In fourth edition of his 2013 NFL Mock Draft, Todd McShay has Eddie Lacy out of Alabama being selected by the St. Louis Rams in the second round, two picks before the Steelers. While the likelihood of Lacy dropping that far is slim, if the Steelers were presented with an opportunity to draft him with their second round pick, would they be likely to do so?
Lacy measures in at 5’11, 231 pounds and is powerfully built. This past season at Alabama, he accounted for 1322 yards and 17 touchdowns, and helped to lead the Crimson Tide to another National Championship. On the big stage in the title game against Notre Dame, Lacy amassed 140 rushing yards, one rushing touchdown, and one receiving touchdown, and single-handedly made Manti Te’o drop a full round in this year’s draft. Lacy has proved he is capable of producing on the big stage and against quality competition in the SEC, and he should be able to continue that success in the NFL.
While his production and size are attractive qualities that make him the best running back prospect in this year’s draft, there are multiple concerns that do present some risk, the first being a nagging hamstring injury that caused him to not participate in the NFL Combine and the Pro Day at the University of Alabama. Also, during his college career, he struggled with turf toe, which he ultimately had to have surgery for to repair. Does the hamstring and the turf toe indicate a player with questionable durability and conditioning?
The other element to consider, and while not able to be validated, is his ability to grasp the complexities of NFL offenses, as it is reported that he struggled academically in high school and had a difficult time meeting collegiate qualifications. Whether or not this is true is unknown, but it is an issue that has consistently been raised in draft discussions regarding Lacy.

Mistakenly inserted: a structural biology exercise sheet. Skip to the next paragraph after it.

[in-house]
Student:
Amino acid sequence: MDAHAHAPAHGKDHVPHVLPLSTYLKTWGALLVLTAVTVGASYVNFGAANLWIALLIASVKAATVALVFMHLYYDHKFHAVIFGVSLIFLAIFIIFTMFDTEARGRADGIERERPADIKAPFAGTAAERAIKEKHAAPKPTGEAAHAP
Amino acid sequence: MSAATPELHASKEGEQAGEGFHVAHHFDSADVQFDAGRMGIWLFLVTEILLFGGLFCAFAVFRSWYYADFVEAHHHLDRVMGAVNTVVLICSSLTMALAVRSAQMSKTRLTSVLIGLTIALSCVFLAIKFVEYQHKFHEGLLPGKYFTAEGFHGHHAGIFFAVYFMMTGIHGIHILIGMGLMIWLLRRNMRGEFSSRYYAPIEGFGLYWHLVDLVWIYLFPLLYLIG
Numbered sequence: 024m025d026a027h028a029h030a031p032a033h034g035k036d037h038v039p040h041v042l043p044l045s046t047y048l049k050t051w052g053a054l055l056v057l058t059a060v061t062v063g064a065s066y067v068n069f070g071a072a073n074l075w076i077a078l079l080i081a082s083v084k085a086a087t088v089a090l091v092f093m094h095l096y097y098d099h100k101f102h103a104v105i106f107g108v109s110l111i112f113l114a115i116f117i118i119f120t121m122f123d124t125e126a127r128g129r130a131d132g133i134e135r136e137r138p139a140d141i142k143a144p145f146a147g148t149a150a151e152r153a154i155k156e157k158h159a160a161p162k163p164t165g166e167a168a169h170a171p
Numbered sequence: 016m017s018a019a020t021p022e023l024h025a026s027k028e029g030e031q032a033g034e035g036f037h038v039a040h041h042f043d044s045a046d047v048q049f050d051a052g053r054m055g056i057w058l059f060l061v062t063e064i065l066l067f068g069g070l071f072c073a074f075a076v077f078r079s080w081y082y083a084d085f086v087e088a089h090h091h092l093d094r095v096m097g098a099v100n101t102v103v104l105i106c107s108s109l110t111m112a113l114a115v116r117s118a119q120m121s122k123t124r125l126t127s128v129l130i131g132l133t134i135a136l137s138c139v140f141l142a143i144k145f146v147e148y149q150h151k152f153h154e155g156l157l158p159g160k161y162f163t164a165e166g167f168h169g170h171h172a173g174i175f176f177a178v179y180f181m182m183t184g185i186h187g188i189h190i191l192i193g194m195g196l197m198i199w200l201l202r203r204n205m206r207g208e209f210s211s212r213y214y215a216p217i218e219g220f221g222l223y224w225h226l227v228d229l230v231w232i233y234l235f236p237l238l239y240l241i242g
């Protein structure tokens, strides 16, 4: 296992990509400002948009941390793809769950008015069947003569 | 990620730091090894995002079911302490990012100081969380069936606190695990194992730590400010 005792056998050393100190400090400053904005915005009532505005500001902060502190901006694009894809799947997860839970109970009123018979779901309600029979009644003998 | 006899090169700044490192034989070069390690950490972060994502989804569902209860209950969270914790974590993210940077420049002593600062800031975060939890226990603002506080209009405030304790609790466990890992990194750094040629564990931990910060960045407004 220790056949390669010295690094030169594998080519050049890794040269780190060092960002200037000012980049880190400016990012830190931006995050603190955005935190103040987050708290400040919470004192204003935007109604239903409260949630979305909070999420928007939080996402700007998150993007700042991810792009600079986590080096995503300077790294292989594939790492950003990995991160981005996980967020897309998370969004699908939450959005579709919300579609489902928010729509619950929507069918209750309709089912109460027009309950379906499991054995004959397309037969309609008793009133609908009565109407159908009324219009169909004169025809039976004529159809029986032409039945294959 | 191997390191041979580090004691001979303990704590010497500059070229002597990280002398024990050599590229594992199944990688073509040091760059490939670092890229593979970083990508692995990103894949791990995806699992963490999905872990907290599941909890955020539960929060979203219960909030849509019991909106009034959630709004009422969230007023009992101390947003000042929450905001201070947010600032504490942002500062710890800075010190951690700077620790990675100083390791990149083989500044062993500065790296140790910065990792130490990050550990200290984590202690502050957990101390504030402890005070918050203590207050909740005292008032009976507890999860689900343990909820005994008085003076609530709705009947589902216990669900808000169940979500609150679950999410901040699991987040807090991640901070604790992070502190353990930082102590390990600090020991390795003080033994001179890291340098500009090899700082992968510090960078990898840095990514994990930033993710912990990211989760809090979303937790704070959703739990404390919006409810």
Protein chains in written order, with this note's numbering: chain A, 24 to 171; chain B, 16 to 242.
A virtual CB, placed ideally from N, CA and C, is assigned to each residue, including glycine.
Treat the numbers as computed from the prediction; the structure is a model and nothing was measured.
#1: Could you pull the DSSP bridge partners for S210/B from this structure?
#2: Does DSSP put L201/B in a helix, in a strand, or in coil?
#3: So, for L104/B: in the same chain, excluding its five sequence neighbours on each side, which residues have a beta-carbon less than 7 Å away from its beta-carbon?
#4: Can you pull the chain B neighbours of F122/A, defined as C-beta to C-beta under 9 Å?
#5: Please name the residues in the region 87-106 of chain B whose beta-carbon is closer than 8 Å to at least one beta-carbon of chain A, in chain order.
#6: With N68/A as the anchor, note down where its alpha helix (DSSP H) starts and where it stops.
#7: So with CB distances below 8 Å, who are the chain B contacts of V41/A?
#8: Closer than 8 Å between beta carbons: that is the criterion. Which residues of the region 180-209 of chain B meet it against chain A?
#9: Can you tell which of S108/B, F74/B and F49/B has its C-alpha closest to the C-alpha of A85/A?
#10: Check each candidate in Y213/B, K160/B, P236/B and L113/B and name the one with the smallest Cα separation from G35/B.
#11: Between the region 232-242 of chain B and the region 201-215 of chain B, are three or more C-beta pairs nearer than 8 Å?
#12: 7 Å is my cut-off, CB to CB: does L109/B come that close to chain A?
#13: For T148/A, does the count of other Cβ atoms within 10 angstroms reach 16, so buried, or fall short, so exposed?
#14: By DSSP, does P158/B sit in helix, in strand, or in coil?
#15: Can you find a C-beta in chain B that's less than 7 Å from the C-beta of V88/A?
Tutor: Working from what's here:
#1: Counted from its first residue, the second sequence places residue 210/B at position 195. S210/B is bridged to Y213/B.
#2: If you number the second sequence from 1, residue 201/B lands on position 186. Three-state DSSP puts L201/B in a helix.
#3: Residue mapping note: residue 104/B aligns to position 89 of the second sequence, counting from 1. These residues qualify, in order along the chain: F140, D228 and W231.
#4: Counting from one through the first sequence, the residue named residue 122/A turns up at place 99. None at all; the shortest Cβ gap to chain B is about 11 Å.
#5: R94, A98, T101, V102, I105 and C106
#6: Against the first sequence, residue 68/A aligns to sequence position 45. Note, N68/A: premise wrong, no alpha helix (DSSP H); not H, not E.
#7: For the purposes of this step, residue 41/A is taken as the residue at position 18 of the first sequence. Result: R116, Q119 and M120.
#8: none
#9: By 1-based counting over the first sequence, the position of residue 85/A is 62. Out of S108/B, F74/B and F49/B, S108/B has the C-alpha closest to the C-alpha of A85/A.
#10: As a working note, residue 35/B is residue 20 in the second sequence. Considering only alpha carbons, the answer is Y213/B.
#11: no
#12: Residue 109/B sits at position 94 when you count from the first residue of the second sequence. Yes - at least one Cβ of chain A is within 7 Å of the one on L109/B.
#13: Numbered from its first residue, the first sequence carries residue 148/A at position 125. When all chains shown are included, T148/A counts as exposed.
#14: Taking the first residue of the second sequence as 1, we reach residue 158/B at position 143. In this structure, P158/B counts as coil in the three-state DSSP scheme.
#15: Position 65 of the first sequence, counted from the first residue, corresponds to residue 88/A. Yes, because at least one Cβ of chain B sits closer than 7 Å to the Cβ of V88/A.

The last concern regarding Lacy’s game is his deficiency in pass protection, as he has difficulty maintaining his blocks. This is something that will be scrutinized by the Steelers as they value runners that can protect the quarterback.
What is great about the questions surrounding Lacy is that they are all areas that can be improved. Conditioning and understanding an intricate offense can get better through hard work, as can the ability to protect in the passing game. The true questions is whether or not he has the work ethic, commitment, and drive to make these areas strengths.
The bottom line is the Steelers need a running back in this year’s draft, and they are not going to select one with their first round selection. If Lacy is there for the Steelers in the second round, or even if he is in trading distance as Mike Mayock believes, the Steelers could draft him. However, the reality is most likely that Lacy will be off the board late first round or early on in the second, and the Steelers will have to make other plans.